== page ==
It was time for research and my friend Google. You can easily pull up between 5 and 7 million hits by searching for how to write a great dating profile or how to write a great dating profile for a woman.

One of my best resources was actually a scientific study published in 2015 in the British Medical Journal. This study was a meta-analysis, a study of studies, on online dating. My favorite part of the paper, other than the findings, was the Acknowledgements section: The authors would like to thank the potential dates who turned down one of us repeatedly, encouraging us to think about the effectiveness of online dating.

Ha! You’ve got to love scientists with a sense of humor.

This study, combined with several articles, and some reflection on articles and books I’d read in the last couple of years led me to identify some principles of the written portion of good profiles that I wanted to capture in my new version.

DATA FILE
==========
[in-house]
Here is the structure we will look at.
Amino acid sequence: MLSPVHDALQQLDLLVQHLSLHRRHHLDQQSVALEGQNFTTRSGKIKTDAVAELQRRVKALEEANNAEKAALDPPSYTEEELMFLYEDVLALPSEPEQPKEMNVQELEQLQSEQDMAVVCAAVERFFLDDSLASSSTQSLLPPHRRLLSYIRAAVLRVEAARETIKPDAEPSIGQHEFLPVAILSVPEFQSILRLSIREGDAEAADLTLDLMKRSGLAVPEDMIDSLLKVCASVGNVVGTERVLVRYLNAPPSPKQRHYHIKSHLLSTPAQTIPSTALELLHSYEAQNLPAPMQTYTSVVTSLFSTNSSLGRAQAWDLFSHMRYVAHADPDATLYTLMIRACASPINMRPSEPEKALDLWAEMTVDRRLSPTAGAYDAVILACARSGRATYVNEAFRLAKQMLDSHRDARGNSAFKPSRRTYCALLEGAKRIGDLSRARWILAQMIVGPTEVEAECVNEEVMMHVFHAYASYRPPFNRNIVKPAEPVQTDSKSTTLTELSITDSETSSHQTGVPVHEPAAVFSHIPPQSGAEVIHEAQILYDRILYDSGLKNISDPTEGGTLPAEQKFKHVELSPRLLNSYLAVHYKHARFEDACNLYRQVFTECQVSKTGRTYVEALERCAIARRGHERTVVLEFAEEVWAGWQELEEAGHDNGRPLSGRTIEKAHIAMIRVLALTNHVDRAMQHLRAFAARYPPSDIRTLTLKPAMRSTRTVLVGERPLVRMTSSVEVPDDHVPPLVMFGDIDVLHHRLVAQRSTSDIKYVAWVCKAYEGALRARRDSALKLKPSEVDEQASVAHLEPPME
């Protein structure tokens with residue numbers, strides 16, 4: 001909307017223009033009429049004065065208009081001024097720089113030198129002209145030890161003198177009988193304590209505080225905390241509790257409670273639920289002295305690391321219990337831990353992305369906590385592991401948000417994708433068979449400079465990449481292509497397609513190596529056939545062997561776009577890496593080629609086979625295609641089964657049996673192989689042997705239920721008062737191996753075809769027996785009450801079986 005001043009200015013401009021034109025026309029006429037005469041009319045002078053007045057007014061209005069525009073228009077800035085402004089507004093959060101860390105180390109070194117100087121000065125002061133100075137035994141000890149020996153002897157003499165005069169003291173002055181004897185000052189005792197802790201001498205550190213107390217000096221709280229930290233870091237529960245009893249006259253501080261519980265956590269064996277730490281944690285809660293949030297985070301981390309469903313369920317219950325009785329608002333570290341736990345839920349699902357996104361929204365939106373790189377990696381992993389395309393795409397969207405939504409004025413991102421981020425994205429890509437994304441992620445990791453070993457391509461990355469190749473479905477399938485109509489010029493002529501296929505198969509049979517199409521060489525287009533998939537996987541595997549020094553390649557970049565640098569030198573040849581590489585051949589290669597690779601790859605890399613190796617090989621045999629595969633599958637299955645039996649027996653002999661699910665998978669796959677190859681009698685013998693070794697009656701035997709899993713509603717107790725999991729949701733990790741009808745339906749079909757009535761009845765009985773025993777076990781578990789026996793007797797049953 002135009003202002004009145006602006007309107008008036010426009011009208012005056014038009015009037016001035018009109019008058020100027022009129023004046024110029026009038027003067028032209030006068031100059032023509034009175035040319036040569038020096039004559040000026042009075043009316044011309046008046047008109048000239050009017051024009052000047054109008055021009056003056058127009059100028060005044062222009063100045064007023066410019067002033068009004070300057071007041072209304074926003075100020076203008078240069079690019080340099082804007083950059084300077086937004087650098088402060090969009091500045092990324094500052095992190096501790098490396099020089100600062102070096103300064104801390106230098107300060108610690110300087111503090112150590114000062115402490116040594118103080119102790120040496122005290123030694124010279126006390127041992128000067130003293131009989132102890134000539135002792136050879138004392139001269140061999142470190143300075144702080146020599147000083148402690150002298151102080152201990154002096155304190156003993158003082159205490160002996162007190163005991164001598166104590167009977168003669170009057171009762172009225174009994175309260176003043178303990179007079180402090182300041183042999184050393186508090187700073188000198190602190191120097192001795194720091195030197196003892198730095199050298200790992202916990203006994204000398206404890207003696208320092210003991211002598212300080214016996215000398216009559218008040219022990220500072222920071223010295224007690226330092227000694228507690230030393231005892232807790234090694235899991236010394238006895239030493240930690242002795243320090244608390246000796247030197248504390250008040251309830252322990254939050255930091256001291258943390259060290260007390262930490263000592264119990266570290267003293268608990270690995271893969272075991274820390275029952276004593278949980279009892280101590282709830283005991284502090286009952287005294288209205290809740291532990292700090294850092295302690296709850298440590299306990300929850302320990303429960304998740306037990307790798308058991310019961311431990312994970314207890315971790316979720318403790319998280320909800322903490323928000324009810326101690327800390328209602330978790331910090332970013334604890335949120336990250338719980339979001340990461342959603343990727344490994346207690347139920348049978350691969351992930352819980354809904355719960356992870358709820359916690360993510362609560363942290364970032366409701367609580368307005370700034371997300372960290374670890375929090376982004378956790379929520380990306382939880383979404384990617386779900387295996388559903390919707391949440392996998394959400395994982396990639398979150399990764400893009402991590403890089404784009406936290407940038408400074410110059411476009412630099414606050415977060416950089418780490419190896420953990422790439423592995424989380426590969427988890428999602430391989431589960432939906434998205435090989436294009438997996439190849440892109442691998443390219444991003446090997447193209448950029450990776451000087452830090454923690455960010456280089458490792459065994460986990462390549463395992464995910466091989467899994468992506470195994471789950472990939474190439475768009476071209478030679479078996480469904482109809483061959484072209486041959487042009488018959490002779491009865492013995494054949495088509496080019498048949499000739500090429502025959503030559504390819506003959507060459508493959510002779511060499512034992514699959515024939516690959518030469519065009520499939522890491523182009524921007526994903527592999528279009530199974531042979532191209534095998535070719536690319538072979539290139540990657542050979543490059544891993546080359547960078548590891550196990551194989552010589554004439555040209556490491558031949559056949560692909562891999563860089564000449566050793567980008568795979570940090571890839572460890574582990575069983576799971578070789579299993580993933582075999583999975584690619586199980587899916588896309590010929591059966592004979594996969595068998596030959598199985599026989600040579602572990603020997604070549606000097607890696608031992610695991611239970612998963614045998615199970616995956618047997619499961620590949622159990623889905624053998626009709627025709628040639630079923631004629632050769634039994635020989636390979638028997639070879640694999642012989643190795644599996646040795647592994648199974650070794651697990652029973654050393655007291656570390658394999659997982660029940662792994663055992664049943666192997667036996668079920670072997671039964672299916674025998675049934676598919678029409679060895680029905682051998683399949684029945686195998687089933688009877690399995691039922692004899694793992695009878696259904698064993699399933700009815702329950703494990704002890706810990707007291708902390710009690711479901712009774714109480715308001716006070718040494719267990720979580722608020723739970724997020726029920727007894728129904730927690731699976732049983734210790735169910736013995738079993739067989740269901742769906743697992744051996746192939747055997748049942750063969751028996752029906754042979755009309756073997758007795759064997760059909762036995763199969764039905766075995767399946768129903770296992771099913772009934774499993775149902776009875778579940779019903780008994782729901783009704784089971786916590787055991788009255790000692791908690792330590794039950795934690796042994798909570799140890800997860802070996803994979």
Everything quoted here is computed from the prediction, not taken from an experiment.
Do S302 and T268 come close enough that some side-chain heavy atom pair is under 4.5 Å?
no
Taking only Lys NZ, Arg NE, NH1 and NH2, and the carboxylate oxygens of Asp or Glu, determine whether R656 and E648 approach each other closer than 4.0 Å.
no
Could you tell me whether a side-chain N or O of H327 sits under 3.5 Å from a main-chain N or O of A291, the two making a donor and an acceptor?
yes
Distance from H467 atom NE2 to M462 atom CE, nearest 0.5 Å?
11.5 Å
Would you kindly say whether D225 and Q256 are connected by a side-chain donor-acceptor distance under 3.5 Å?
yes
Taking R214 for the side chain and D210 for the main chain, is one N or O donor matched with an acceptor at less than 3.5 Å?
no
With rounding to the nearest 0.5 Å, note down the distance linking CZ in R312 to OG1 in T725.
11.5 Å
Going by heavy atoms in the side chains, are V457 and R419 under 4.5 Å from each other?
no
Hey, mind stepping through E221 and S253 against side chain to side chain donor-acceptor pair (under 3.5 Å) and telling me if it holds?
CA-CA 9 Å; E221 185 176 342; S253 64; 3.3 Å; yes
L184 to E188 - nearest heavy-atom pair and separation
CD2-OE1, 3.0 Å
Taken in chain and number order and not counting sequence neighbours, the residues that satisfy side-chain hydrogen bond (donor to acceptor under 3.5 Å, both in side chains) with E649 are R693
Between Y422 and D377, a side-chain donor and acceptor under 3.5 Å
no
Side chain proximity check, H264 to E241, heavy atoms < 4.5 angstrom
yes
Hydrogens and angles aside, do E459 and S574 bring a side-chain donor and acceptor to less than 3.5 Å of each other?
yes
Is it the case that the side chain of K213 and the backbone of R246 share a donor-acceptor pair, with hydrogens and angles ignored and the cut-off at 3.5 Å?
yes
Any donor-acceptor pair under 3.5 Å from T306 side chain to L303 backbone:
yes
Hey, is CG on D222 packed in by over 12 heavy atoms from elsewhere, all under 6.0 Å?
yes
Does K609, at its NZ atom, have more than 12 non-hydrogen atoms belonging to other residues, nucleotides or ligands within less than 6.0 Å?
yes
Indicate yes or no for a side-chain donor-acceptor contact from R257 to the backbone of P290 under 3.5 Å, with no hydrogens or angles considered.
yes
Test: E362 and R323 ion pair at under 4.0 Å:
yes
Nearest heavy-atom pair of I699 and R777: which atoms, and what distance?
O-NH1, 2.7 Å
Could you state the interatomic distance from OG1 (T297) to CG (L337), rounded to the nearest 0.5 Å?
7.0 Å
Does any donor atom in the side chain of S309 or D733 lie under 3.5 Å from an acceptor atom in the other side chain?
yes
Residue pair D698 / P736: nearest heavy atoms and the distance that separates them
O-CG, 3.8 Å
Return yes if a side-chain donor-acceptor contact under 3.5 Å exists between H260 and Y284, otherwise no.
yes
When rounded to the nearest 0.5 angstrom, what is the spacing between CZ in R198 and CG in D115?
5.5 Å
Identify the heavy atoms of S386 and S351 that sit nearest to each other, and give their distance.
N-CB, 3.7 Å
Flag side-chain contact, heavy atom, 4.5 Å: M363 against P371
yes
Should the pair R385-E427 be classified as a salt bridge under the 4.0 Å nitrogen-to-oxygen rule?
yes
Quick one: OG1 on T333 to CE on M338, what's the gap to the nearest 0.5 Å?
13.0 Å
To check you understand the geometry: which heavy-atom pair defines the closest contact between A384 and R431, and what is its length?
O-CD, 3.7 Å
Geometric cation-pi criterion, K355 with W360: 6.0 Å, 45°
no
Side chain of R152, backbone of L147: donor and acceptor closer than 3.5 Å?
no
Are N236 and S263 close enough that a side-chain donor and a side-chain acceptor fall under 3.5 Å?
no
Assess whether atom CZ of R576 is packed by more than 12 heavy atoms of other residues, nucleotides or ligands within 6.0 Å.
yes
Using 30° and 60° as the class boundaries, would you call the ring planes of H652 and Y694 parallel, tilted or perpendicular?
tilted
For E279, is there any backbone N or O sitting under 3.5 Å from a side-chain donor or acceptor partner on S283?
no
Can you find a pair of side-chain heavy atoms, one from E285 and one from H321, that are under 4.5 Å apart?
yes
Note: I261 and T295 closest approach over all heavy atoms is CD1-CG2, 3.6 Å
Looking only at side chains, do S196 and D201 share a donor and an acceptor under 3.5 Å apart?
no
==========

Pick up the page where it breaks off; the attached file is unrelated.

Second side note: I’m not focusing on dating profile photos in this blog post, but they are critically important to your dating success. Make sure your main pictures are current and consider having a professional photographer. Read about my photo shoot.

Good Dating Profiles (for women):

*Use a playful, positive screen name. Try to make it similar to the screen names of men you find attractive.

*Pick a screen name that starts with a letter early in the alphabet so it pops up earlier in a dating site search.

*Choose simple language for your headline.